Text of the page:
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PETA Dives into SeaWorld


When people are faced with the term "hostile takeover," it usually involves negative imagery of a big corporation out to flush the weaker, usually more civic-minded, competition down the toilet to meet their only relevant end-goal of higher profit margins. However, a rather unexpected turn about from People for the Ethical Treatment of Animals (PETA) has environmental and animal welfare advocates taking a closer look at how to effectively eradicate the mythological stronghold of mega-corps, like SeaWorld, by taking ethical concerns to shareholders.

PETA, largely perceived as an extremist group, has a hard time catching the attention of most advocates as their actions are less frequently rooted in common sense and more steeped in sensationalism. However, the organization went a long way towards redefining their "anything for free publicity" image on April 19, 2013 when it purchased 80 shares of SeaWorld the morning the sea park went public for profit. PETA promptly moved to incorporate a measure to develop coastal sanctuaries for existing captive whales and put the cessation of whale captivity to a shareholder vote. While SeaWorld attempts to manipulate federal regulations to block such a vote, ultimately the company will have little on which to stand. Rather than attempting to look like a victim of circumstance, perhaps the park should consider its public image and concede the point that imprisoning endangered species in no way benefits the aquatic ecosystem. In recreating itself in a positive and ecologically concerned light, the sea park might find it becomes financially solvent rather than perpetually staving off bankruptcy.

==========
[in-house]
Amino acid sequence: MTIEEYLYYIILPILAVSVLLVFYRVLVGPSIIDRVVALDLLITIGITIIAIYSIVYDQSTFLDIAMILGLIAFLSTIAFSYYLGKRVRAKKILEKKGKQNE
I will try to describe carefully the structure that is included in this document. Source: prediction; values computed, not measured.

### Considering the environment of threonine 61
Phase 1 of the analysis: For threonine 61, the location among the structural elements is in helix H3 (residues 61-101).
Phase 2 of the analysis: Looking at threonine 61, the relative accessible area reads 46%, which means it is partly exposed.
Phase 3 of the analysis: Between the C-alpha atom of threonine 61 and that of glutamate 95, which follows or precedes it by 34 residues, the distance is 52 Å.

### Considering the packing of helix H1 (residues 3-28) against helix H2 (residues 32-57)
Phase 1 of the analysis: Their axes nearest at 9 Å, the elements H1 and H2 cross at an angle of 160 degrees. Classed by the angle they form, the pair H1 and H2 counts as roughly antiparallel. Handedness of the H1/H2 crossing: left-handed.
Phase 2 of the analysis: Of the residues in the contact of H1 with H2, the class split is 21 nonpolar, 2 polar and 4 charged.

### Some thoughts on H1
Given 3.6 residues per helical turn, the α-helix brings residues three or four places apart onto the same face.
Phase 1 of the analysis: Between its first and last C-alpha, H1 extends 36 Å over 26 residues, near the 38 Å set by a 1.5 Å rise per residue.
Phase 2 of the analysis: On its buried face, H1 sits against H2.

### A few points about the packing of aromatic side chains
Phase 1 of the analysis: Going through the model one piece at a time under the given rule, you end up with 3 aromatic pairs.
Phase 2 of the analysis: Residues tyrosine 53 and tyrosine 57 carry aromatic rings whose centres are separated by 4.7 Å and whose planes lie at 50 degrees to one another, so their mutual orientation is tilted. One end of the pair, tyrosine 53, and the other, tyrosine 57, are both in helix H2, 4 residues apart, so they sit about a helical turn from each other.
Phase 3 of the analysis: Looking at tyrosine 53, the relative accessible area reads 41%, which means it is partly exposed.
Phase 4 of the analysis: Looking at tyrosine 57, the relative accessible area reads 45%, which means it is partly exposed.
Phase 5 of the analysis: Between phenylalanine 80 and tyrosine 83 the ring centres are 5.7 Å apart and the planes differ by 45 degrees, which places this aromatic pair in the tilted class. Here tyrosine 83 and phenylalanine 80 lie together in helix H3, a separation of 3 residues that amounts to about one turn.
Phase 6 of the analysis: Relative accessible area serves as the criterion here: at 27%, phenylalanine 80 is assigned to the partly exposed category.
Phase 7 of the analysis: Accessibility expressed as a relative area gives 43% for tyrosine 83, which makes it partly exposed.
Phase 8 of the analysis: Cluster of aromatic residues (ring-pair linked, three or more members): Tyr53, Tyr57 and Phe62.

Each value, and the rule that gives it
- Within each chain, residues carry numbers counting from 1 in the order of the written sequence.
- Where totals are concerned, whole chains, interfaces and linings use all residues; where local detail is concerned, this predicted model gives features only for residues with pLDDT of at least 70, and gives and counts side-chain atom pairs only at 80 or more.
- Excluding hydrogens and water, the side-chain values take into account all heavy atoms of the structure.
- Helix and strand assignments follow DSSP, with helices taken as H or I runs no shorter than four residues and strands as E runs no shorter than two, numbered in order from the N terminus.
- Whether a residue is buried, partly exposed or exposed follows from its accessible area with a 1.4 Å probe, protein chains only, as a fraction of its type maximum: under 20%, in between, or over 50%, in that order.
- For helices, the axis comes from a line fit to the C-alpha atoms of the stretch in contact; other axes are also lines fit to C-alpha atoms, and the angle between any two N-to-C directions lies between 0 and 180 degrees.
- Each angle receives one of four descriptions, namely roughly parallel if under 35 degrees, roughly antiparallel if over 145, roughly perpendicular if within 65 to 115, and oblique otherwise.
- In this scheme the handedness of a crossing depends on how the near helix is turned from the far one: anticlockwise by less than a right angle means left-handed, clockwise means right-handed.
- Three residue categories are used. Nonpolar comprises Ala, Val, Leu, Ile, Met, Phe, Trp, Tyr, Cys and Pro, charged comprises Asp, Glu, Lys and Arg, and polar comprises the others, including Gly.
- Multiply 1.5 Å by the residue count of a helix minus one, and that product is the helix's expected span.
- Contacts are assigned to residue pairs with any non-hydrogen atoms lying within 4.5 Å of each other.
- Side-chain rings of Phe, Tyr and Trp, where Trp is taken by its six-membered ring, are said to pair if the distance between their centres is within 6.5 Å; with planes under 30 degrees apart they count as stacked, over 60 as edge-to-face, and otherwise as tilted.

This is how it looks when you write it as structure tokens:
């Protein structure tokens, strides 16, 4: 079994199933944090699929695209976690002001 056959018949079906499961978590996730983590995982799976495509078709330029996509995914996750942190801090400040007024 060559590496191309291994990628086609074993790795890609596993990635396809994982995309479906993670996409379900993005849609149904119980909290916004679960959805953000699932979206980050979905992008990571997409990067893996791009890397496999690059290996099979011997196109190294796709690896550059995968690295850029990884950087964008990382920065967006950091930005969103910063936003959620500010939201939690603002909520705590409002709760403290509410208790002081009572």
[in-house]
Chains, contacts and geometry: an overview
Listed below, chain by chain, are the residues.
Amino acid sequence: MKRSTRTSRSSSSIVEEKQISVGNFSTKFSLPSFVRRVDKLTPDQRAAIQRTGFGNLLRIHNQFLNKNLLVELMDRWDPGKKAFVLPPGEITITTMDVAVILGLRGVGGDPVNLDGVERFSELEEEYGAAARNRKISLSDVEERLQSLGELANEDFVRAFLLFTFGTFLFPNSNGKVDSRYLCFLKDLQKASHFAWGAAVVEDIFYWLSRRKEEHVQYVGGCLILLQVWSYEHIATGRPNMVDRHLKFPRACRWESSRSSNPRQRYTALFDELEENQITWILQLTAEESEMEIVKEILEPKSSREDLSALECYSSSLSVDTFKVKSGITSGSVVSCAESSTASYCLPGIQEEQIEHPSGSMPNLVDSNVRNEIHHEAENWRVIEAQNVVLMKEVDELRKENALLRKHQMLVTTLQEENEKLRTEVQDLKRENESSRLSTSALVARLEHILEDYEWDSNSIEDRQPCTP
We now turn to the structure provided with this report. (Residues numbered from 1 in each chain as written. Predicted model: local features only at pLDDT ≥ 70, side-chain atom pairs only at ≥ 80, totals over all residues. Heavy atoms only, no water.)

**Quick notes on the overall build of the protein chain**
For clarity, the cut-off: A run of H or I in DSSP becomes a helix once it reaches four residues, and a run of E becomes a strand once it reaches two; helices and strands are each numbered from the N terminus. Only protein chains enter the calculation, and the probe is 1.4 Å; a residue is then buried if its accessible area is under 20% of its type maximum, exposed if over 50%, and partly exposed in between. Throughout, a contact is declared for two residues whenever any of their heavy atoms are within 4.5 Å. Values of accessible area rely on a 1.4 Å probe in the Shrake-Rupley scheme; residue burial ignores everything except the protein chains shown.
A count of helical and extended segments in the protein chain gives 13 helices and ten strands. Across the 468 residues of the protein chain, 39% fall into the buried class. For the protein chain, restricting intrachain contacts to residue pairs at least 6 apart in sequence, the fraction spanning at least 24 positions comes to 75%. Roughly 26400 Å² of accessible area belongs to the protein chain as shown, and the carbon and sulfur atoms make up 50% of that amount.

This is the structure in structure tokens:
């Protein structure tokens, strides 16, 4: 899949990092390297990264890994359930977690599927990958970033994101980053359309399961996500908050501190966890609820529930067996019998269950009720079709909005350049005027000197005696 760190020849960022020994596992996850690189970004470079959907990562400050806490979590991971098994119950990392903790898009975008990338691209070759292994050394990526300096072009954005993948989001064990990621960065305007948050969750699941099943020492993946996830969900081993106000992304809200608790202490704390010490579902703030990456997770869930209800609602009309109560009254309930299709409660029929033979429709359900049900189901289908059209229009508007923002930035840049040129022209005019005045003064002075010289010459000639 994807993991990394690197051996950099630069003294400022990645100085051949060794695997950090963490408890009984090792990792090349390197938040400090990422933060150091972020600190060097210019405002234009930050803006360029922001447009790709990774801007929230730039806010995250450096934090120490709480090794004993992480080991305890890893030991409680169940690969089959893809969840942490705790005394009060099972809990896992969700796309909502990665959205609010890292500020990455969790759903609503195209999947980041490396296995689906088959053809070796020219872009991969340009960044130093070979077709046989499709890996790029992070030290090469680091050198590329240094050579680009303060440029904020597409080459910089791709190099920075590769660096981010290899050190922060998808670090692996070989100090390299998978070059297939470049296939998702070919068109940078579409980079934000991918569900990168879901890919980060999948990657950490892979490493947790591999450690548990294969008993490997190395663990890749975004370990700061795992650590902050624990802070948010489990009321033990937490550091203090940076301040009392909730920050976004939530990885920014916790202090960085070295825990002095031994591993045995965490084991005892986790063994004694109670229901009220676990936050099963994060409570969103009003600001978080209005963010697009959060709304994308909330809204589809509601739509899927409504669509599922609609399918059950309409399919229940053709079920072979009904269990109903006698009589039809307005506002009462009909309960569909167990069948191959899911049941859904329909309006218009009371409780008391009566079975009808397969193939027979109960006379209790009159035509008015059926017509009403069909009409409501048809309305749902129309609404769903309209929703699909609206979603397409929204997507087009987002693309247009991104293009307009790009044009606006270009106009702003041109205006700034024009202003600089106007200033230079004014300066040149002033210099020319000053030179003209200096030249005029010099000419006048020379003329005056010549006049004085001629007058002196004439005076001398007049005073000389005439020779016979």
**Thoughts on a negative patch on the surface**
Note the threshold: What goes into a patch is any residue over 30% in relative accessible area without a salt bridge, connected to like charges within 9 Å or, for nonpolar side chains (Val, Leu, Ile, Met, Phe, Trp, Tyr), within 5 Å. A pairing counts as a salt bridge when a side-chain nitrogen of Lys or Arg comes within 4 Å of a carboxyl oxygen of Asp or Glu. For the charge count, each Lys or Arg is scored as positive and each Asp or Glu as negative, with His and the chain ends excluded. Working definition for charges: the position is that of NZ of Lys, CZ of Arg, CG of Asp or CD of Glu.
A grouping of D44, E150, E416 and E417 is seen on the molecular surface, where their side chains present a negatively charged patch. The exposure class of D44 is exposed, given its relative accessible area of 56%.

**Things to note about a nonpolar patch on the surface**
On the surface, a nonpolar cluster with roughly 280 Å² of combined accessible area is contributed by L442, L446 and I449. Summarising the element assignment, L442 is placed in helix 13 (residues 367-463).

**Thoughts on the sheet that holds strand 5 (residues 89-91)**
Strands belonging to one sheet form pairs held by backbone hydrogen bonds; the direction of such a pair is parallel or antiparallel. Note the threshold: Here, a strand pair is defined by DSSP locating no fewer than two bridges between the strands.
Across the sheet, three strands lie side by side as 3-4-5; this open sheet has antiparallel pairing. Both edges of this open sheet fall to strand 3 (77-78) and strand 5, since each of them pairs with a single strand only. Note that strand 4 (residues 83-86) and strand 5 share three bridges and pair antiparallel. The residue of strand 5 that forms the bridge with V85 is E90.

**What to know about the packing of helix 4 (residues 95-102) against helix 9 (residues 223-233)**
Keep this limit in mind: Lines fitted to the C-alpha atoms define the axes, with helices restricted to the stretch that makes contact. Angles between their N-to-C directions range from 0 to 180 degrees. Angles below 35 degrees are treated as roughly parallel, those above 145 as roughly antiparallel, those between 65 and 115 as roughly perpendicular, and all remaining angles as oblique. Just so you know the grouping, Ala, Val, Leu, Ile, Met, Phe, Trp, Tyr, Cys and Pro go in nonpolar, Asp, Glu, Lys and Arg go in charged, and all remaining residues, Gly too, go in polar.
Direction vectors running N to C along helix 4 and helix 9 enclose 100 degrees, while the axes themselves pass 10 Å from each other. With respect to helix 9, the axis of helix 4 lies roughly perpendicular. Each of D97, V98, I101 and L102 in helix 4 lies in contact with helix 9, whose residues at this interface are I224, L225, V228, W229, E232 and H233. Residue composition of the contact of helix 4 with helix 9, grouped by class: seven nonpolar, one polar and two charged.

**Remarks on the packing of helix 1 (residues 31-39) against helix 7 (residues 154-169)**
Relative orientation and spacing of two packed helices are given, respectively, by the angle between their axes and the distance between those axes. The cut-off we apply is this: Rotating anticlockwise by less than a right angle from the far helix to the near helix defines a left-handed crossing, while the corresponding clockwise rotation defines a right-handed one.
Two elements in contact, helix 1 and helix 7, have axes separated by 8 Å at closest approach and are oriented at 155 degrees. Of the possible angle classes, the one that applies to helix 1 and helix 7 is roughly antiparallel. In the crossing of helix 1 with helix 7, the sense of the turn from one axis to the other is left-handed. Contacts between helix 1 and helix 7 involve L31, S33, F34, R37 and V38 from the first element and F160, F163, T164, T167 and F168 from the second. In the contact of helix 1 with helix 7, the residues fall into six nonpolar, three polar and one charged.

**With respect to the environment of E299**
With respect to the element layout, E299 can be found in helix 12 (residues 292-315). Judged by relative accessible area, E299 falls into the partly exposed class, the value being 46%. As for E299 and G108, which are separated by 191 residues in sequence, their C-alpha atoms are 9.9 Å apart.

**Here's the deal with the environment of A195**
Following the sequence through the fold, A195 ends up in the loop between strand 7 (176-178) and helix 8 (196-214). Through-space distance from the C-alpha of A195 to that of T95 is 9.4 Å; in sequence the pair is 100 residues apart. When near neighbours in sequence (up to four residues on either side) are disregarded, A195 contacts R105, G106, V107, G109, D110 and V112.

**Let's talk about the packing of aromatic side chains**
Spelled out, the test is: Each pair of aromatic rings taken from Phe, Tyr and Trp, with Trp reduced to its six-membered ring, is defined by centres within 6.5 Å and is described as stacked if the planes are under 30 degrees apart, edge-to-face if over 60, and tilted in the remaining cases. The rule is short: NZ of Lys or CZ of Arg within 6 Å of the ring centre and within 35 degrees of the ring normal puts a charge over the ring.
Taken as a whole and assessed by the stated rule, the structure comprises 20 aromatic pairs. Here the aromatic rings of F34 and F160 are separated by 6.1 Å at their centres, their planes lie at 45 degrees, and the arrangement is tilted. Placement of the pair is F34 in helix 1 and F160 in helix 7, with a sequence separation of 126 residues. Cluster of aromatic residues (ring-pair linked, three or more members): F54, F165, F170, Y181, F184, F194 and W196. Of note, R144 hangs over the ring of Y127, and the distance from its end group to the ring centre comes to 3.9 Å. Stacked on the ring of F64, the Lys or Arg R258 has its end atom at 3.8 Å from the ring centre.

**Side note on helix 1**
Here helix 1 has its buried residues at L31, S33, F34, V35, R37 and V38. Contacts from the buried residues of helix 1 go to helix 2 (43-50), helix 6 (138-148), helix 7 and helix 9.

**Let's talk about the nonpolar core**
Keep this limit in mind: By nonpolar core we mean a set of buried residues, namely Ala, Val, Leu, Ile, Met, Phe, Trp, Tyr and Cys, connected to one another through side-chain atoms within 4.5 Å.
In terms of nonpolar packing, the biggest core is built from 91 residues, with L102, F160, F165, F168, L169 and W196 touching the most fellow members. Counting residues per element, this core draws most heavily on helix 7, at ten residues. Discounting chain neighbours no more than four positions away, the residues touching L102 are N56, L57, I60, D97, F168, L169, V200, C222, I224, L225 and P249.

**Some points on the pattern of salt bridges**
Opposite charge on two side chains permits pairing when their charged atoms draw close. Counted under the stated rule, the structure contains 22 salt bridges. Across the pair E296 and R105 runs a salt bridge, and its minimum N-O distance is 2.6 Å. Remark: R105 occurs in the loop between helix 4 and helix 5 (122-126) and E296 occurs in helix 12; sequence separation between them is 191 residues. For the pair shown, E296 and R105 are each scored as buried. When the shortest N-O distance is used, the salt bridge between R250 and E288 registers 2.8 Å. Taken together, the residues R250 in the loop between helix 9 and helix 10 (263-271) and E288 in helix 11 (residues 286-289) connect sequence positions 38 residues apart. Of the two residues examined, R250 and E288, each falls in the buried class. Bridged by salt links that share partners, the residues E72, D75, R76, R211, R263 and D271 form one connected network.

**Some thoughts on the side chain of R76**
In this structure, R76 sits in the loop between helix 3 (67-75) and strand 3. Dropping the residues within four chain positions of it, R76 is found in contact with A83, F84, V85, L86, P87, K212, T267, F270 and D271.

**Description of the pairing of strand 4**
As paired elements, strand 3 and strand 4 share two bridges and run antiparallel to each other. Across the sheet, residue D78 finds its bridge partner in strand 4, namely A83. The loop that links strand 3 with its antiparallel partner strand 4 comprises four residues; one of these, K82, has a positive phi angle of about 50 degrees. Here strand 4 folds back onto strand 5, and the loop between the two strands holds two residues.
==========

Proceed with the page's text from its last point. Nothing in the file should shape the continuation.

SeaWorld has a notorious reputation for putting the sea park in the spotlight as the misunderstood victim with Occupational Safety and Health Administration (OSHA) compliance issues. OSHA repeatedly pointed out that the largest tank, referred to as Pool "A," is 120 feet long by 80 feet wide (36.5 meters by 24 meters), which is little more than a fishbowl scaled to whale size. Yet, SeaWorld casts stones at OSHA for their official remarks concerning trainer safety. This, despite the mounds of evidence outlining that whales in captivity live shorter, less fertile lives, and demonstrate aggressive qualities that surpass those observed in the wild.

Orcas are a marine mammal. They are the largest species within the dolphin family and are an apex predator of the ocean. Aside from humans, orcas are one of the few predators to the shark population. In the wild, it is common for a male to exceed 30 feet (9 meters) in length. The average weight of this species is approximately 6 tons with the ability to move at speeds in excess of 35mph (56km/h). Orca pods are typically comprised of a closely related network of family members that function on a matriarchal system. An average pod will generally consist of 30 members and consist of several generations. They are highly intelligent social beings that need to engage in complex acts of play and hunting to avoid boredom. Captivity forces unnatural bonds within close quarters. This does nothing to engage the whales socially. Much like those incarcerated in the United States prison system, SeaWorld forces these water mammals to a confined space; leaving them bored, alone, and chronically stressed, without having committed an offense other than being born a whale.

For those interested in helping PETA win a productive ecological movement, sign the Free Whales from SeaWorld Captivity petition.



This is Deb Duxbury, for Animal Life, reminding you to please spay or neuter your pet.
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Content copyright © 2014 by Deb Duxbury. All rights reserved.
This content was written by Deb Duxbury. If you wish to use this content in any manner, you need written permission. Contact Deb Duxbury for details.

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